In landmark moment for the digital publishing sector, AOL’s The Huffington Post has become the first blog to win the prestigious Pulitzer prize in the US. The news site, formed in 2005, scooped American journalism’s top honor, winning this year’s Pulitzer Prize for national reporting. The Pulitzer committee honored reporter David Wood for what it [...]

In landmark moment for the digital publishing sector, AOL’s The Huffington Post has become the first blog to win the prestigious Pulitzer prize in the US. The news site, formed in 2005, scooped American journalism’s top honor, winning this year’s Pulitzer Prize for national reporting.


Huffington%20Post%20Pulitzer.jpg
The Pulitzer committee honored reporter David Wood for what it called “his riveting exploration of the physical and emotional challenges facing American soldiers severely wounded in Iraq and Afghanistan during a decade of war.”
In a series of stories called “Beyond the Battlefield,” Wood drew on his more than four decades as a military affairs reporter to shed light on the special concerns of veterans from the United States’ most recent foreign conflicts.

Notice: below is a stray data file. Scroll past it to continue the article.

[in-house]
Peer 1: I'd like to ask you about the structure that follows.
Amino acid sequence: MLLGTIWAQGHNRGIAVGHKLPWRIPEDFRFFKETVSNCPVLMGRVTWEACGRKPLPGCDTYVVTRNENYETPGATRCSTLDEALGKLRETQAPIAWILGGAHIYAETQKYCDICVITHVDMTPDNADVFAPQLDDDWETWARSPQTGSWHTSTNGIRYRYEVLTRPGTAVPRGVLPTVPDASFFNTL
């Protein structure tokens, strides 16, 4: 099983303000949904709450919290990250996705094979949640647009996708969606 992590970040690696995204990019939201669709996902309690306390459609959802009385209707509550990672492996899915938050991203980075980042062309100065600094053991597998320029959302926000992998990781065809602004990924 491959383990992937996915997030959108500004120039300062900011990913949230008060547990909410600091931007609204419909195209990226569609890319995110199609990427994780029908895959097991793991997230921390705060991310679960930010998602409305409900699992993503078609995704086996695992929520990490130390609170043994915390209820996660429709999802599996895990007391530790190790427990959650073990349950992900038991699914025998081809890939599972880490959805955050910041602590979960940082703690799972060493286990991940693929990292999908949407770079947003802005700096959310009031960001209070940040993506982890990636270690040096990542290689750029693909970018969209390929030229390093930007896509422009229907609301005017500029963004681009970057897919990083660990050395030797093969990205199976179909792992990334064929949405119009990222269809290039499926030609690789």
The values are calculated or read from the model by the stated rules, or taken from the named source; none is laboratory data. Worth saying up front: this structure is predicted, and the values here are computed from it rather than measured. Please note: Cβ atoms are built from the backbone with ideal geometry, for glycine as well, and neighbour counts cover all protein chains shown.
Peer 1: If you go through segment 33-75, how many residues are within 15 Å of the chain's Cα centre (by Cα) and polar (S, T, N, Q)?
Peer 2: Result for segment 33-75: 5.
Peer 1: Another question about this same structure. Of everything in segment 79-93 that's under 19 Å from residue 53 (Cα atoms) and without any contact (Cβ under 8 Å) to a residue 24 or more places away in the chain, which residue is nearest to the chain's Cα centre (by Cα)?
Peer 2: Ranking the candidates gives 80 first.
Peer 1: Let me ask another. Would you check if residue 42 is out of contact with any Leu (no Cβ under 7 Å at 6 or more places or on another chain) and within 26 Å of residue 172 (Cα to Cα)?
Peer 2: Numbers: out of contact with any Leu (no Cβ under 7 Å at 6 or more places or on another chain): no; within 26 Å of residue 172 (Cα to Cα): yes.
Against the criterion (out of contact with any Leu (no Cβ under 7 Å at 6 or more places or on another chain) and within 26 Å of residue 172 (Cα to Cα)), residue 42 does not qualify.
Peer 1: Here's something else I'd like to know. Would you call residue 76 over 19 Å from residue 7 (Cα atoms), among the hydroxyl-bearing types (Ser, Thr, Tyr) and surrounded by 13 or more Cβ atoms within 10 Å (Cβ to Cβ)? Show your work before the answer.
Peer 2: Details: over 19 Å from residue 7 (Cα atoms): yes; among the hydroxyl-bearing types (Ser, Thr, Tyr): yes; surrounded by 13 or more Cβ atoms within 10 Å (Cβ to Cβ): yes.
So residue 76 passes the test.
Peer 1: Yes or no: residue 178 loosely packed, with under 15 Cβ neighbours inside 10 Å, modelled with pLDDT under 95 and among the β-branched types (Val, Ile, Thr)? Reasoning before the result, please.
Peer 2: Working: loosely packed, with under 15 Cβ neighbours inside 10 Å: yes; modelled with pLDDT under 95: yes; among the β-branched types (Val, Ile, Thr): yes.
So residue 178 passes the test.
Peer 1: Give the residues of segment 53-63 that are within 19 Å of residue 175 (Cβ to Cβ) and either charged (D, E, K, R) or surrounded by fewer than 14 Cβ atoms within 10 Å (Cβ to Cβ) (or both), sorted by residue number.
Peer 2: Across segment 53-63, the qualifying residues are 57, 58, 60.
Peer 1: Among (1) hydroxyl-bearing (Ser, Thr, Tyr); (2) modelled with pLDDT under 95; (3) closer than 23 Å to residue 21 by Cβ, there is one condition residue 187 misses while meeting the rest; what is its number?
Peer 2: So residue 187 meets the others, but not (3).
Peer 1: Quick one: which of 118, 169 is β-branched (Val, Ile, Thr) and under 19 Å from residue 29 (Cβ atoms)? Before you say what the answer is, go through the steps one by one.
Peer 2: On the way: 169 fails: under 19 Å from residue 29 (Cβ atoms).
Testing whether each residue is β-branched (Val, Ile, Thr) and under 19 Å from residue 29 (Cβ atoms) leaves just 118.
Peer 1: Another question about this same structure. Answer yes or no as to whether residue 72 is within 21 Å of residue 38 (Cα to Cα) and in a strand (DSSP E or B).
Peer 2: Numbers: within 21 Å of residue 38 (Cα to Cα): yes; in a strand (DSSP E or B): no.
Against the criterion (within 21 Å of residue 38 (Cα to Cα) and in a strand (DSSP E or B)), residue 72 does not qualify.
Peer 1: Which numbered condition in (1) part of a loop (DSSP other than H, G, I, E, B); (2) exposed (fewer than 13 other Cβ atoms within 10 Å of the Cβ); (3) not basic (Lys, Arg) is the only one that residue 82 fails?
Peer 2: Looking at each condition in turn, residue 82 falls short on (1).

The reporter, who formerly worked for the Los Angeles Times, is a lifelong Quaker who was a conscientious objector to the Vietnam War.
Huffington Post provides a combination of original and aggregated reports and opinion pieces. Its Los Angeles-based founder is longtime activist Arianna Huffington; she operates the Post in conjunction with media company AOL, which bought the firm last year for $315m.
Only in the last two years has the prize committee considered online journalism. The non-profit ProPublica has won two for its reporting.
Politico was the other "new media" website to win a Pulitzer in the editorial cartooning category.
The winners of journalism's most important prize were decided by a board made up of two dozen journalism academics and journalists. The winners were announced by Columbia University's Graduate School of Journalism.
The complete list was posted on the Pulitzer website.